|Sports commentary career|
|Sports||American football, basketball, ice hockey, golf, tennis|
He holds the record for longest-tenured NFL broadcaster in U.S. TV history, calling NFL football for 47 seasons (1967-2013) on NBC and CBS. Criqui's final NFL broadcast came on December 8, 2013, when he filled in for Bill Macatee as he was having traveling issues in a snow storm in Dallas, calling the 27-26 New England Patriots victory over the Cleveland Browns.
Criqui's most recent network assignment was CBS Sports from 1998 until 2013, where he called the NFL, women's and men's college basketball and college football. From 1995 to 2012, he was the voice of New England Patriots pre-season football with Randy Cross.
From 2006 until 2017, Criqui served as the football radio play-by-play voice for Notre Dame, his alma mater.
Though never the top announcer for a network, Criqui has always been a featured announcer in the American sports scene and is notable for his longevity.
Criqui began with CBS in 1967 before moving to NBC Sports in 1979; he was 'traded' by CBS to NBC for Curt Gowdy. When CBS reacquired the NFL in 1998, Criqui rejoined the network, and continued to serve as a play-by-play announcer as part of the NFL on CBS until his retirement from that position after the 2012 season. From 1999 to 2004, Criqui and Steve Tasker were the designated play-by-play team for most Buffalo Bills games on CBS.
He has also announced a number of other sports for CBS, NBC and ESPN including college football, college basketball, the ABA, the NBA, the NHL, professional golf and tennis tournaments, Triple Crown horse racing, the Canadian Football League (Archived October 27, 2009, at the Wayback Machine) and several Summer Olympics events.
During his tenure at NBC, Criqui called 14 Orange Bowl games. Criqui's most memorable call was the 1984 Orange Bowl between undefeated Nebraska and Miami. Nebraska was on a 22-game winning streak coming into the game, but lost to Miami 31–30 when the Cornhuskers failed on a two-point conversion attempt which would have won the game. His most famous college basketball call was most likely the last-second upset by St. Joseph's over top-seeded DePaul in the Mideast regional second round of the 1981 NCAA Tournament.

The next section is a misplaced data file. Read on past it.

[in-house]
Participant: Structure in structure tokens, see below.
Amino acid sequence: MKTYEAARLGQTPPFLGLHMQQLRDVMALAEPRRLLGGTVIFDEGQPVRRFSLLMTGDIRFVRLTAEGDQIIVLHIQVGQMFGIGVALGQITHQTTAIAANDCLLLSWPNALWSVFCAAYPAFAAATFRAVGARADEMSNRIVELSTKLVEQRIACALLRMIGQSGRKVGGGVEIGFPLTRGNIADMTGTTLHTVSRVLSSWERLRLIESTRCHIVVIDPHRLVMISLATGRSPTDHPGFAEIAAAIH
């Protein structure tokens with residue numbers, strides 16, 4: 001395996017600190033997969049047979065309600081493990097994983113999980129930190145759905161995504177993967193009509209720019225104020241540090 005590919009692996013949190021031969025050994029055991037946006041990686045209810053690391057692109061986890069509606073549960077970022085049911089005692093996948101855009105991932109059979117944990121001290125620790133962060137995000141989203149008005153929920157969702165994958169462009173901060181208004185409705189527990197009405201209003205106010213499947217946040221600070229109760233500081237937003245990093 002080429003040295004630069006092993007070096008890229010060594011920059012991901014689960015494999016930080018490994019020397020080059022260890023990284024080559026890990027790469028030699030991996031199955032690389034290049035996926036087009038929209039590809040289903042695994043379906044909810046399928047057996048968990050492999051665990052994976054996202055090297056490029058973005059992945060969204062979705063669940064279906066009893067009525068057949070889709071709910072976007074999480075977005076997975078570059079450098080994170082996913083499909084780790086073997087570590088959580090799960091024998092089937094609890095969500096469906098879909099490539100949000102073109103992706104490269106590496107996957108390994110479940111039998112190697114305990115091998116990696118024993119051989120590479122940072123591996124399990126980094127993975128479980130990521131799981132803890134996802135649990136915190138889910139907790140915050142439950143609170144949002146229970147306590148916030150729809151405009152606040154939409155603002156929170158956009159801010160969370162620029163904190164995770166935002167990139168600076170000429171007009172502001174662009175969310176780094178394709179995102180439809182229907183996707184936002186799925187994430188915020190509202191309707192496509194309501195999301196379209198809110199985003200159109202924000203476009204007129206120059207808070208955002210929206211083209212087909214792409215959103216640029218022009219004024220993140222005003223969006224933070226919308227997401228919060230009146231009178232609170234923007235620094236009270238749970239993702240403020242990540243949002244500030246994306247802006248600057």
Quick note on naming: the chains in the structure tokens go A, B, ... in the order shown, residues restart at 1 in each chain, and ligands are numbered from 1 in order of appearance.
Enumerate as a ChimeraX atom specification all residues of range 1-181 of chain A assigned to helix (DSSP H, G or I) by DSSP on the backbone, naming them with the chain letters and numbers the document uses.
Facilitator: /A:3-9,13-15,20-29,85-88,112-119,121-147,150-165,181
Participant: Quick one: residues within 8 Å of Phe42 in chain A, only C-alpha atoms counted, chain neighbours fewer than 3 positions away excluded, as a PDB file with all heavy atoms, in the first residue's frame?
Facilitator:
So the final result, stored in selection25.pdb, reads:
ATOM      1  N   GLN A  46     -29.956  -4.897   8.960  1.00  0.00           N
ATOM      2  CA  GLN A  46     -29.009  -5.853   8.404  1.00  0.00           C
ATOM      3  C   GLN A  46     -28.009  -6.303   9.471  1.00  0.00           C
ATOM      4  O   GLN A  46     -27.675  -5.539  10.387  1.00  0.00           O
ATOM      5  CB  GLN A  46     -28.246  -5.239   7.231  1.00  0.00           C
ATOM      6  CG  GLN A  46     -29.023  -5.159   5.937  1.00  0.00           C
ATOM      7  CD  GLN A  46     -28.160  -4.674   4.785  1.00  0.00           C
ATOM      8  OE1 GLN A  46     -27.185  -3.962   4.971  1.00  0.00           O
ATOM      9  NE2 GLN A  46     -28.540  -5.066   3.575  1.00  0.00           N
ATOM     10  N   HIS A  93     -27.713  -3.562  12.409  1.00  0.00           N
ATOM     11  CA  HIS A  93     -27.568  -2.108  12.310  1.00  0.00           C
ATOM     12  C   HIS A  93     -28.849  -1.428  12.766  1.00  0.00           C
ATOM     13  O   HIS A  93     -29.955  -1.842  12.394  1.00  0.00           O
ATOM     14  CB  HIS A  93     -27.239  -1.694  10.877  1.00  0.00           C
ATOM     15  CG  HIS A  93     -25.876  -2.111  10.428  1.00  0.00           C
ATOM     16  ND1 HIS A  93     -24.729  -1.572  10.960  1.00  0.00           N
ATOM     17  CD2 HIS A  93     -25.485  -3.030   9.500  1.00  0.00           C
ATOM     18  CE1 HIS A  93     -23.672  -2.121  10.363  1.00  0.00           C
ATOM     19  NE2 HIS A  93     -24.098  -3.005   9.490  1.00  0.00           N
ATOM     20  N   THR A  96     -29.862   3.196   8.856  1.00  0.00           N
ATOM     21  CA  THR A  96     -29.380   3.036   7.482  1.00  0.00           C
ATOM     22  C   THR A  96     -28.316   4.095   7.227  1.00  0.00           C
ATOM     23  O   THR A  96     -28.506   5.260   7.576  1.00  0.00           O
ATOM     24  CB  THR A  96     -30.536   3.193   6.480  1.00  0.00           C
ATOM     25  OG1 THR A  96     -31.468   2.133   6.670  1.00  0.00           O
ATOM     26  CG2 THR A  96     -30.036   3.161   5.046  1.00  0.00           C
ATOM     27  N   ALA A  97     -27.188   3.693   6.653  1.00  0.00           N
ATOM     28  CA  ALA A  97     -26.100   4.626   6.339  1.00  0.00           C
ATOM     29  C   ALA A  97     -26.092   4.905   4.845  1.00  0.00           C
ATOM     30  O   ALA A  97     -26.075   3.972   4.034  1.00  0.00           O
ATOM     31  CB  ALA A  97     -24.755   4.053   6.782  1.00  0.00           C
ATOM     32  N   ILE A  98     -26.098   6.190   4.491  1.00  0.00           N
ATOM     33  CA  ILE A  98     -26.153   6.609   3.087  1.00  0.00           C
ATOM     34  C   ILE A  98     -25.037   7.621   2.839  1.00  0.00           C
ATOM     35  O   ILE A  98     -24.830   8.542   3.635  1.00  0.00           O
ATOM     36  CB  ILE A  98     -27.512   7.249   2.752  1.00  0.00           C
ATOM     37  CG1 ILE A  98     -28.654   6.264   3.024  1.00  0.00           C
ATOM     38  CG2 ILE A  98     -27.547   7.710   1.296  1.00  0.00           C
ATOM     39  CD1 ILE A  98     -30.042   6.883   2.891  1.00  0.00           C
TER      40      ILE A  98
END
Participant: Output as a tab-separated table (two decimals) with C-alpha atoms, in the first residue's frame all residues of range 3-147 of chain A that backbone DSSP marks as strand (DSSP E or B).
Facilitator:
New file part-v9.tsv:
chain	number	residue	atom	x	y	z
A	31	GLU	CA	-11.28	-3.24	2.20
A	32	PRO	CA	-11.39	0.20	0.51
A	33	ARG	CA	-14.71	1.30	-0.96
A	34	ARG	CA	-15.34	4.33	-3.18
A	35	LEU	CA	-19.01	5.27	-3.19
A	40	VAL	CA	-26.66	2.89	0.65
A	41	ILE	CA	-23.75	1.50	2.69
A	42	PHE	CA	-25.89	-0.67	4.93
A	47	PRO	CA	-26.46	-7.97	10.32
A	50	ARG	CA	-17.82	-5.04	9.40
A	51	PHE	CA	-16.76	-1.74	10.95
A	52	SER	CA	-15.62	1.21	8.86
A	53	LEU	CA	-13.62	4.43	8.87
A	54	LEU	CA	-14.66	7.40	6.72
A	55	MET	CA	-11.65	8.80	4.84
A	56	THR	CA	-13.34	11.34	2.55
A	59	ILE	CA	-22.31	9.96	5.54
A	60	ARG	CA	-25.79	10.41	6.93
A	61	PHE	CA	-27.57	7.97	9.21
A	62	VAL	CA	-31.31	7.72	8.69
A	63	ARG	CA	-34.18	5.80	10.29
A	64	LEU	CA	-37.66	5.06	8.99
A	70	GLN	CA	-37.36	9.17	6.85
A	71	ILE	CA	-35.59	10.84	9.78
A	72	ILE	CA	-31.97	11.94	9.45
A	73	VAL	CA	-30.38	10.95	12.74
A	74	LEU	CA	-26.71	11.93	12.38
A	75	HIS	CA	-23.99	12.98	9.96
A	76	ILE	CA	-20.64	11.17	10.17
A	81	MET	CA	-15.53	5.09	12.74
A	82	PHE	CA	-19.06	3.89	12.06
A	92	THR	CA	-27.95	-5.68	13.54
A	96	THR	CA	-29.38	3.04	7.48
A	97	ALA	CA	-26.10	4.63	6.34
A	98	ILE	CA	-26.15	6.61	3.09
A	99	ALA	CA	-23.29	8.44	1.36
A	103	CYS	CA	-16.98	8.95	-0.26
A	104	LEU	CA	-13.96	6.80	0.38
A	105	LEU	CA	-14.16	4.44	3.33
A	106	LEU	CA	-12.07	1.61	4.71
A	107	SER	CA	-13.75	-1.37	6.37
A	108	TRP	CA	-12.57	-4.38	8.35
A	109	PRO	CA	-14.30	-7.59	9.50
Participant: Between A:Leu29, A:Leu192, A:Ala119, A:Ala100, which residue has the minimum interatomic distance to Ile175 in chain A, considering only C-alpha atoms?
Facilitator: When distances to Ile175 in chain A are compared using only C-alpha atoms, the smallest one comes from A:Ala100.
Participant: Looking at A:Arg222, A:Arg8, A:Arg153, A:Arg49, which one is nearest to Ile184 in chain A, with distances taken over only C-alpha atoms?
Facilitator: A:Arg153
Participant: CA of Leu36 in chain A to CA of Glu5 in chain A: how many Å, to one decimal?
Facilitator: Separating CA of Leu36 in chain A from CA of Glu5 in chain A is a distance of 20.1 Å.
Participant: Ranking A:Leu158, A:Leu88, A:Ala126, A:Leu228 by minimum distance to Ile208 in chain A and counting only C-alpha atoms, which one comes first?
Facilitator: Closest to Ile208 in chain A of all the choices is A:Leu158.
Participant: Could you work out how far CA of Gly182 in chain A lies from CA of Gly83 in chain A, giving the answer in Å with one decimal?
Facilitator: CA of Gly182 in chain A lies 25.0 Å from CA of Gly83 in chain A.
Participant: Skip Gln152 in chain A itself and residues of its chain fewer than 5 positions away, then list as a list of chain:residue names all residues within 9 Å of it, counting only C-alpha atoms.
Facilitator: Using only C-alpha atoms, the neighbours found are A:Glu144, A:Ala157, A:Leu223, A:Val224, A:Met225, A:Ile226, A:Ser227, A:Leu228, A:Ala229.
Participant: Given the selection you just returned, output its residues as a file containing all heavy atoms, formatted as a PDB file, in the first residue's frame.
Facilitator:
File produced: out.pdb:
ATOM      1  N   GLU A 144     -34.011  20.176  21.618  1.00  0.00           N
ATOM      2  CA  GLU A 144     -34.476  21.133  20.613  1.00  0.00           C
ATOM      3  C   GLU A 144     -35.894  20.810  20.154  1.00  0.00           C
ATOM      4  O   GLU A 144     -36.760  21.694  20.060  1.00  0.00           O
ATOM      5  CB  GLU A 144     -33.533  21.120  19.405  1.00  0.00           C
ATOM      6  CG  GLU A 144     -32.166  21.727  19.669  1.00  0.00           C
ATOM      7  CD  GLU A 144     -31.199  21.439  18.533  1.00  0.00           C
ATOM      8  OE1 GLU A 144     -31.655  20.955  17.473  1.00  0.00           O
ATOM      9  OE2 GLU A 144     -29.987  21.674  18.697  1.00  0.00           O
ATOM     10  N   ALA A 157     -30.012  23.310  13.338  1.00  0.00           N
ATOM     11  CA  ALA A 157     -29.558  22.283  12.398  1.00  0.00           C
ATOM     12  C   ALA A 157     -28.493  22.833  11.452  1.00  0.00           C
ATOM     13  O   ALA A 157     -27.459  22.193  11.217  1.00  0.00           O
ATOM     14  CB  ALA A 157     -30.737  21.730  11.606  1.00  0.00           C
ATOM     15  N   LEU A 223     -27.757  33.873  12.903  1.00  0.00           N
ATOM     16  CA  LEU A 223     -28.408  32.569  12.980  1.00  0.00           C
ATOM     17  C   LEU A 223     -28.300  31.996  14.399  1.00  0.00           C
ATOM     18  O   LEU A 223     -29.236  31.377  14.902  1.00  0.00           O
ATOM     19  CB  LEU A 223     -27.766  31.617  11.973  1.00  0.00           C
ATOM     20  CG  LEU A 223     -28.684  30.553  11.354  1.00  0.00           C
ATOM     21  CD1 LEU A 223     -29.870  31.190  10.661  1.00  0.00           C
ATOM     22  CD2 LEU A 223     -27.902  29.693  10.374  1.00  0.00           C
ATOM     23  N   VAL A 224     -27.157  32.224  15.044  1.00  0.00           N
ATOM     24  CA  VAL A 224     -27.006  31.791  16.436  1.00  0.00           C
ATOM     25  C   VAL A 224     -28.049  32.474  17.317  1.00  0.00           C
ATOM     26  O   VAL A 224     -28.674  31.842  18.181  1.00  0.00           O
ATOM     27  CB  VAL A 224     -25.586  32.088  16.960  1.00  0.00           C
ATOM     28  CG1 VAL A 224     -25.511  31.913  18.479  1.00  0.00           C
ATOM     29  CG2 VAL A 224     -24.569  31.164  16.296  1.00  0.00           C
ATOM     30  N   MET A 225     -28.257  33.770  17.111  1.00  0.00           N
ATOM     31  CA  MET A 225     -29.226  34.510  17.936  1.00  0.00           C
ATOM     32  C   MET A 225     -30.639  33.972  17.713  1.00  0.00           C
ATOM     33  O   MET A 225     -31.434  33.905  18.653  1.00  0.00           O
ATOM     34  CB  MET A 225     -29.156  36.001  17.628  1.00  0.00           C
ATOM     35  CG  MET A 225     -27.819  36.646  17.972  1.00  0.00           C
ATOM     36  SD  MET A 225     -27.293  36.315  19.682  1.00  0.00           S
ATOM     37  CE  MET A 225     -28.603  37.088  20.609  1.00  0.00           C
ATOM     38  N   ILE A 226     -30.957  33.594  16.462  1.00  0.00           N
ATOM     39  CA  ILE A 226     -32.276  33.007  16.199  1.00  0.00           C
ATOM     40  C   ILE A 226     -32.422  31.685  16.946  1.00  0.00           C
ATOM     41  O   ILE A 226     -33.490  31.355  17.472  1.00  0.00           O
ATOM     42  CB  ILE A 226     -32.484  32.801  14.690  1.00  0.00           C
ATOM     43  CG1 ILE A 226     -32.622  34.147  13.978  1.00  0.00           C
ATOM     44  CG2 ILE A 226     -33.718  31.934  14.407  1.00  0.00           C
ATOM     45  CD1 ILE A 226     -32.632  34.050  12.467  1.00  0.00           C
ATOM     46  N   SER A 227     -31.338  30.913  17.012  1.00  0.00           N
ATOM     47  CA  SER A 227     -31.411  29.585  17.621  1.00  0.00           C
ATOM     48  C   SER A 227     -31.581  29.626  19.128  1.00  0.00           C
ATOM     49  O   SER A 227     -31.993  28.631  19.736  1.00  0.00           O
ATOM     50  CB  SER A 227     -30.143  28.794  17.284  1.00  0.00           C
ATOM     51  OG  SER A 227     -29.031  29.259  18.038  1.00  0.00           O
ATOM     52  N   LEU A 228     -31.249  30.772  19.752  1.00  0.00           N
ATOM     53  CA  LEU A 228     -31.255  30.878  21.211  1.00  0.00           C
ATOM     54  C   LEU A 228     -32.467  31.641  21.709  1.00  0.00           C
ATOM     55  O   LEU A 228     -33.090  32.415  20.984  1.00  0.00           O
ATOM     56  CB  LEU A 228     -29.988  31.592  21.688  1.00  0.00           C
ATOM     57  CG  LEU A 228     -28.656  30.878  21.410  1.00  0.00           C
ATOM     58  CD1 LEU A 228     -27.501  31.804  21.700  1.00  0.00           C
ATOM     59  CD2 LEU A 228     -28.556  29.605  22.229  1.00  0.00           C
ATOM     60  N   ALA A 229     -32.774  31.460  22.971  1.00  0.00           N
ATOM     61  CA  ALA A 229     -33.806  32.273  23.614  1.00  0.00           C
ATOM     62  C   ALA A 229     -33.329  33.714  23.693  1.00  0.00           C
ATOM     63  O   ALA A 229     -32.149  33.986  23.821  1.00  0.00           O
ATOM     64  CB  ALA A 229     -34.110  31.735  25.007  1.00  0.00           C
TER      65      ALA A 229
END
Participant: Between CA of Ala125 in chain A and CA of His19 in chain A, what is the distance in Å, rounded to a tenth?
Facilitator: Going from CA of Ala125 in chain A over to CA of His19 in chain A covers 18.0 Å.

Criqui was the radio play-by-play voice of Notre Dame Fighting Irish football on the Notre Dame IMG Sports Network from 2006-2018, offering such memorable calls as the end of the 2011 Notre Dame-Michigan Wolverines football game in which Criqui audibly showed his disdain for the result as well as a blind optimism that Roy Roundtree did not catch the winning pass.
His other projects include hosting radio talk shows about sports, serving as a part-time TV announcer for the New York Mets in 1991, and working as the play-by-play announcer for New England Patriots pre-season telecasts on WCVB-TV, Boston from 1995 to 2008 and for WBZ-TV, Boston from 2009 to 2012. Criqui was also for many years the key spokesperson for Trans World Airlines, appearing as himself in many television, radio and print advertisements as part of the Ogilvy & Mather-produced advertising campaign: "You're Gonna Like Us (sm). TWA.", which ran between 1978 and 1984 in support of the airline's domestic U.S. marketing efforts.
For years, he also served as co-host of the weekend version of the newsmagazine Inside Edition. He also served as a sportscaster on WOR radio in New York on the Rambling with Gambling show, as well as on WNBC radio on Imus in the Morning.
One of Criqui's memorable NFL calls came on November 8, 1970: Tom Dempsey's 63-yard field goal that lifted the New Orleans Saints to a 19–17 victory over the Detroit Lions at New Orleans' Tulane Stadium. Other memorable NFL games that Criqui took part in were the 1978 "Miracle at the Meadowlands" and the 1982 "Epic in Miami". Criqui also did play-by-play of the 1985–86 seasons of Monday Night Football and Super Bowls XX and XXI (alongside Bob Trumpy) for NBC Radio. He also called "Red Right 88" in 1980, when Brian Sipe threw an interception in the end zone to end the Cleveland Browns' season. He along with Randy Cross called the Detroit Lions' comeback victory over the Browns in 2009.